Everything seemed ready to go: President Trump’s ban on most flavored e-cigarettes had been cleared by federal regulators.
Officials were poised to announce they would order candy, fruit and mint flavors off the market within 30 days — a step the president had promised almost two months earlier to quell a youth vaping epidemic that had ensnared 5 million teenagers.
One last thing was needed: Trump’s sign-off. But on Nov. 4, the night before a planned morning news conference, the president balked. Briefed on a flight to a Lexington, Ky., campaign rally, he refused to sign the one-page “decision memo,” saying he didn’t want to move forward with a ban he had once backed, primarily at his wife’s and daughter’s urging, because he feared it would lead to job losses, said a Trump adviser who spoke on the condition of anonymity to reveal internal deliberations.
As he had done so many times before, Trump reversed course — this time on a plan to address a major public health problem because of worries that apoplectic vape shop owners and their customers might hurt his reelection prospects, said White House and campaign officials. He also believed job losses tied to the ban would cost him as he sought to trumpet economic growth. It was the latest example of the chaotic way policy is made — and sometimes unmade — in a White House where the ultimate decider often switches gears after making a controversial vow, whether on combating gun violence, pulling troops from Syria or promising to deliver an Obamacare replacement plan.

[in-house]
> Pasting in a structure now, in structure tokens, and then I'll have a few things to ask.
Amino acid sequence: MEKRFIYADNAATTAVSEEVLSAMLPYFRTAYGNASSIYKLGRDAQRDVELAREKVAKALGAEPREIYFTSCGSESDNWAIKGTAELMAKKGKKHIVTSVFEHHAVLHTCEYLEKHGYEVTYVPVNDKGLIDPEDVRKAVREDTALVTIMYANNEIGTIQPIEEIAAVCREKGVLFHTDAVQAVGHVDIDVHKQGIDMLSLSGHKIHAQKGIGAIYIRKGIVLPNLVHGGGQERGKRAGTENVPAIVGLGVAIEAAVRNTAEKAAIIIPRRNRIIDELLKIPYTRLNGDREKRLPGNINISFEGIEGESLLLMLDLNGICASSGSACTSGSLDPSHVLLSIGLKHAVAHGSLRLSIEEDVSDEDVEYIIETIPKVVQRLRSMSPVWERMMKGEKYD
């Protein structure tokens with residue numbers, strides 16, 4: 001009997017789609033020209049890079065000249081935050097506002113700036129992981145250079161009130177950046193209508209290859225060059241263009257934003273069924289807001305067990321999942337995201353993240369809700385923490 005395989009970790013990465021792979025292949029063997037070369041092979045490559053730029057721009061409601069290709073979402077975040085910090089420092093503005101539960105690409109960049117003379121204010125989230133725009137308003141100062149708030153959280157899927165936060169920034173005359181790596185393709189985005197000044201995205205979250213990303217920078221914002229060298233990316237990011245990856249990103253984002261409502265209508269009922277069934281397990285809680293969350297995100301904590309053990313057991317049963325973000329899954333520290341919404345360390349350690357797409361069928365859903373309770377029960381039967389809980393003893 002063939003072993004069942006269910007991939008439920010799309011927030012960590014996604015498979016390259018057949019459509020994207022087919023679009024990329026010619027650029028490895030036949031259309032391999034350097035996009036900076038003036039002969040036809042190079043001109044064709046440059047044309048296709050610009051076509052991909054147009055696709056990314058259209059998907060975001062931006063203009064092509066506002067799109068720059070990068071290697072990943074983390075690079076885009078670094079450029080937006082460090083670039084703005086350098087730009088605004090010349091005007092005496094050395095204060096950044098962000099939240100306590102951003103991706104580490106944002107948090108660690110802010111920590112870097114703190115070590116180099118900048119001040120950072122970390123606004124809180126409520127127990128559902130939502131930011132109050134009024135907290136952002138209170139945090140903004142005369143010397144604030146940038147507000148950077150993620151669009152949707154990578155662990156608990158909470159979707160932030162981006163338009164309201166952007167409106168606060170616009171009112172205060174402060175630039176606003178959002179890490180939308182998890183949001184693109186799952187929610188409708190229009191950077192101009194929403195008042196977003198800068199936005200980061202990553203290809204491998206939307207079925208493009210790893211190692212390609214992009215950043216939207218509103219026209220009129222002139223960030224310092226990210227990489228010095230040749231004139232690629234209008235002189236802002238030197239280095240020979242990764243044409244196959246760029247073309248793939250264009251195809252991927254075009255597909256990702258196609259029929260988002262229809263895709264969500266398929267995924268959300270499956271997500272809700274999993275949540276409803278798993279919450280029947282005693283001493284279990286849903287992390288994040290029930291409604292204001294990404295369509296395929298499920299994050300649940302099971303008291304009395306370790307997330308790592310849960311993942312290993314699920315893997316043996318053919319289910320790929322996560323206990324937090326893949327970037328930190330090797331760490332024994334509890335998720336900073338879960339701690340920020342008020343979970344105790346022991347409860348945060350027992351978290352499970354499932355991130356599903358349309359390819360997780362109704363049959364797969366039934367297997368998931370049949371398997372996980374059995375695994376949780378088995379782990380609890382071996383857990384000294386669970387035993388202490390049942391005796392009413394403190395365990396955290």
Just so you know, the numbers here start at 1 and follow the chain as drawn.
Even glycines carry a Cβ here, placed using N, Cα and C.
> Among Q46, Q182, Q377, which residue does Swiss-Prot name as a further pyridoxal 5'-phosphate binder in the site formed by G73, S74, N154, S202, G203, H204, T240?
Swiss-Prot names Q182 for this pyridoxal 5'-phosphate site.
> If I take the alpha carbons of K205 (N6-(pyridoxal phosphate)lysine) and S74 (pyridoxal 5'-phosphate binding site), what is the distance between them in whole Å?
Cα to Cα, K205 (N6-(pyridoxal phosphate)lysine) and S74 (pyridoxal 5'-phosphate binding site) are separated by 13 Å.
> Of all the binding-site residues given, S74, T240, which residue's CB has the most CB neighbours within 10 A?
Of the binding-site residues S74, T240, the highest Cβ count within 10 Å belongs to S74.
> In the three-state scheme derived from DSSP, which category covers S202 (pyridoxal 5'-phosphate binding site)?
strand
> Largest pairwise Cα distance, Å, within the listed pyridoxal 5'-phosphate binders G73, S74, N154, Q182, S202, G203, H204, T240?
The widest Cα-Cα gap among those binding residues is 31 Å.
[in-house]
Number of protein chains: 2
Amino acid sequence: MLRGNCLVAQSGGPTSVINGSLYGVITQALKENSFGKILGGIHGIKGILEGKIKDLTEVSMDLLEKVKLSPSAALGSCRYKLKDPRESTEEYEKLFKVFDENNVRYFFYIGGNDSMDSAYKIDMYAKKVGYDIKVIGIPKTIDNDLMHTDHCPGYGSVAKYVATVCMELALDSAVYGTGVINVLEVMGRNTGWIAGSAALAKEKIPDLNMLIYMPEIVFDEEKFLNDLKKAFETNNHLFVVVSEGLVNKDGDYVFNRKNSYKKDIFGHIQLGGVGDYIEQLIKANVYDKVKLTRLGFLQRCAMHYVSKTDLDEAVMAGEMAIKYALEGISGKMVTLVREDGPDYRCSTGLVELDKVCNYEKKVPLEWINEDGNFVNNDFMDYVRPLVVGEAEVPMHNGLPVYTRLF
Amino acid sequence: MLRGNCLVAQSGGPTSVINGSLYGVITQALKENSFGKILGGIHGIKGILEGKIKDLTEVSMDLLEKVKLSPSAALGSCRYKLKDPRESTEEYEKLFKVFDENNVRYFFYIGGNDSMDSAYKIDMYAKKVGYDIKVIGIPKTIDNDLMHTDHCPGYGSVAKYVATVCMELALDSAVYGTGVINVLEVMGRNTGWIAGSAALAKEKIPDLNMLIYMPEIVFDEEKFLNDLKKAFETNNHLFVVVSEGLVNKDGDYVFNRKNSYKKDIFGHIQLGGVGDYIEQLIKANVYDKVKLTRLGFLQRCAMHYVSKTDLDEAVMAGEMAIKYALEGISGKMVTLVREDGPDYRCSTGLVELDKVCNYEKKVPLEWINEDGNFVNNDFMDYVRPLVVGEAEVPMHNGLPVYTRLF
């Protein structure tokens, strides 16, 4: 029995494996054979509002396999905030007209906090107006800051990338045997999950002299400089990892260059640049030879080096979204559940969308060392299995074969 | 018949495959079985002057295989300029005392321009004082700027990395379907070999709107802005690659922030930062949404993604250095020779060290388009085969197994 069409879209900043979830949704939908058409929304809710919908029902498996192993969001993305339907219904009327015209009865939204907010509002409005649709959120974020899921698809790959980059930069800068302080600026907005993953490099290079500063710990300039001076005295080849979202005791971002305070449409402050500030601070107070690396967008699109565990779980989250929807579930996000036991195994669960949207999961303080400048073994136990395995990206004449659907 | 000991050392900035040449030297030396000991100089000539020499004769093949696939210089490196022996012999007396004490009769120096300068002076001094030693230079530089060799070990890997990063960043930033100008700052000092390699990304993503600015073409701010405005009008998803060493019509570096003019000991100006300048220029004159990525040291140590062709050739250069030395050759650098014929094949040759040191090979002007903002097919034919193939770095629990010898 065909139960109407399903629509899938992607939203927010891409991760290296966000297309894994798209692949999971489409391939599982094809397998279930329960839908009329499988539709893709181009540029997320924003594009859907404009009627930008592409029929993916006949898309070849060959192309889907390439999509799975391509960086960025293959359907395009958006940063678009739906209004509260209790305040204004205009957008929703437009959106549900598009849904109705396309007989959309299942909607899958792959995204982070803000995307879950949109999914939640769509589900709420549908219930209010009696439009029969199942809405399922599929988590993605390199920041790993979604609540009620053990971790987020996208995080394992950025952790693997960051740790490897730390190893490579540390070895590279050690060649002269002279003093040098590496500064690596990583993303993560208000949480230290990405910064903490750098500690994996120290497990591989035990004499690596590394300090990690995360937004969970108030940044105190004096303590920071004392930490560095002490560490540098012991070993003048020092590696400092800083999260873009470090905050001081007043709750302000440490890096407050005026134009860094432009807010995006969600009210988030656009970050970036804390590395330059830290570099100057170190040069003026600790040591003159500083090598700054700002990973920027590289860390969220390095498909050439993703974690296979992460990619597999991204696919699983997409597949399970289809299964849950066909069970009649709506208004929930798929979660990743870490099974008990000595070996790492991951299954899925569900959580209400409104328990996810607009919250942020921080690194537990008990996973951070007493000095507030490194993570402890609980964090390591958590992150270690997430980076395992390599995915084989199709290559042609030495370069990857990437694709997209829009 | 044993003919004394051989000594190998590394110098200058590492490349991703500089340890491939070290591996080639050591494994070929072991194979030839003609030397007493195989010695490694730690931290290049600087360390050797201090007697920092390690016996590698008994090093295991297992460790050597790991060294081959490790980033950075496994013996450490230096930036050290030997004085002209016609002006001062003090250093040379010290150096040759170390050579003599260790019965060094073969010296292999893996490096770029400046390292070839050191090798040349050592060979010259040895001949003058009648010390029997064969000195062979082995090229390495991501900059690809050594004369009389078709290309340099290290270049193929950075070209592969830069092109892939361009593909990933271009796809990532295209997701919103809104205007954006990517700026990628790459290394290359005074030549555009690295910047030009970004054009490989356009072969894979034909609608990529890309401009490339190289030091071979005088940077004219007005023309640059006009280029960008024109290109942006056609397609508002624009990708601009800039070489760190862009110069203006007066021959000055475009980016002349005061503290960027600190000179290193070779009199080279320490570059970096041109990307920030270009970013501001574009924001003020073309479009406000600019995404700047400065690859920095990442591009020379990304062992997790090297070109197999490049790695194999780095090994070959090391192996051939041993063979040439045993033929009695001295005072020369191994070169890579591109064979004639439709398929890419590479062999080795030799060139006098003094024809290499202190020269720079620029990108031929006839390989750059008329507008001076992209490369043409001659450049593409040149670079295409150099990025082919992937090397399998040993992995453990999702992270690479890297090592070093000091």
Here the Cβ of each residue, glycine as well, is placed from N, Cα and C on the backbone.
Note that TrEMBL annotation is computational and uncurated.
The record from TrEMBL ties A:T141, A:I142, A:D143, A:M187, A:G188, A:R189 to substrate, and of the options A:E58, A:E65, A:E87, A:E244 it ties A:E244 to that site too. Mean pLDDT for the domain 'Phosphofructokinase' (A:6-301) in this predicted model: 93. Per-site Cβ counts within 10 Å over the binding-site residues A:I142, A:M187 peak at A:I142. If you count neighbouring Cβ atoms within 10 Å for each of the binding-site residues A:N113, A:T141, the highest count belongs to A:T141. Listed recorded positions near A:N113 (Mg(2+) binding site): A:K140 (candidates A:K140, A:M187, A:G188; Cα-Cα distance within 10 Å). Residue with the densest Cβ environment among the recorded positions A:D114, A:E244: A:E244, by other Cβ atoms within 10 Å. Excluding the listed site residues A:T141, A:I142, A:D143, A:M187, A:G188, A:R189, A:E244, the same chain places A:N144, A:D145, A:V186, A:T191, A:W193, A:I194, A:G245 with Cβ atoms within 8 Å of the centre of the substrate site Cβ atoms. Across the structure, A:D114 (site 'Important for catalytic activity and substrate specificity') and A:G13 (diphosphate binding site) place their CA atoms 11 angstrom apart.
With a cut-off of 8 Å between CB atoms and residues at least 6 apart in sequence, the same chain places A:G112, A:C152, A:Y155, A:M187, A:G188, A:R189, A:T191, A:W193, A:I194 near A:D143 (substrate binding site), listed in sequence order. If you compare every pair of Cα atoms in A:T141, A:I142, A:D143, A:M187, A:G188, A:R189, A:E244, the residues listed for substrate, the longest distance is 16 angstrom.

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Josh Dawsey and Laurie McGinley – Washington Post – November 17, 2019.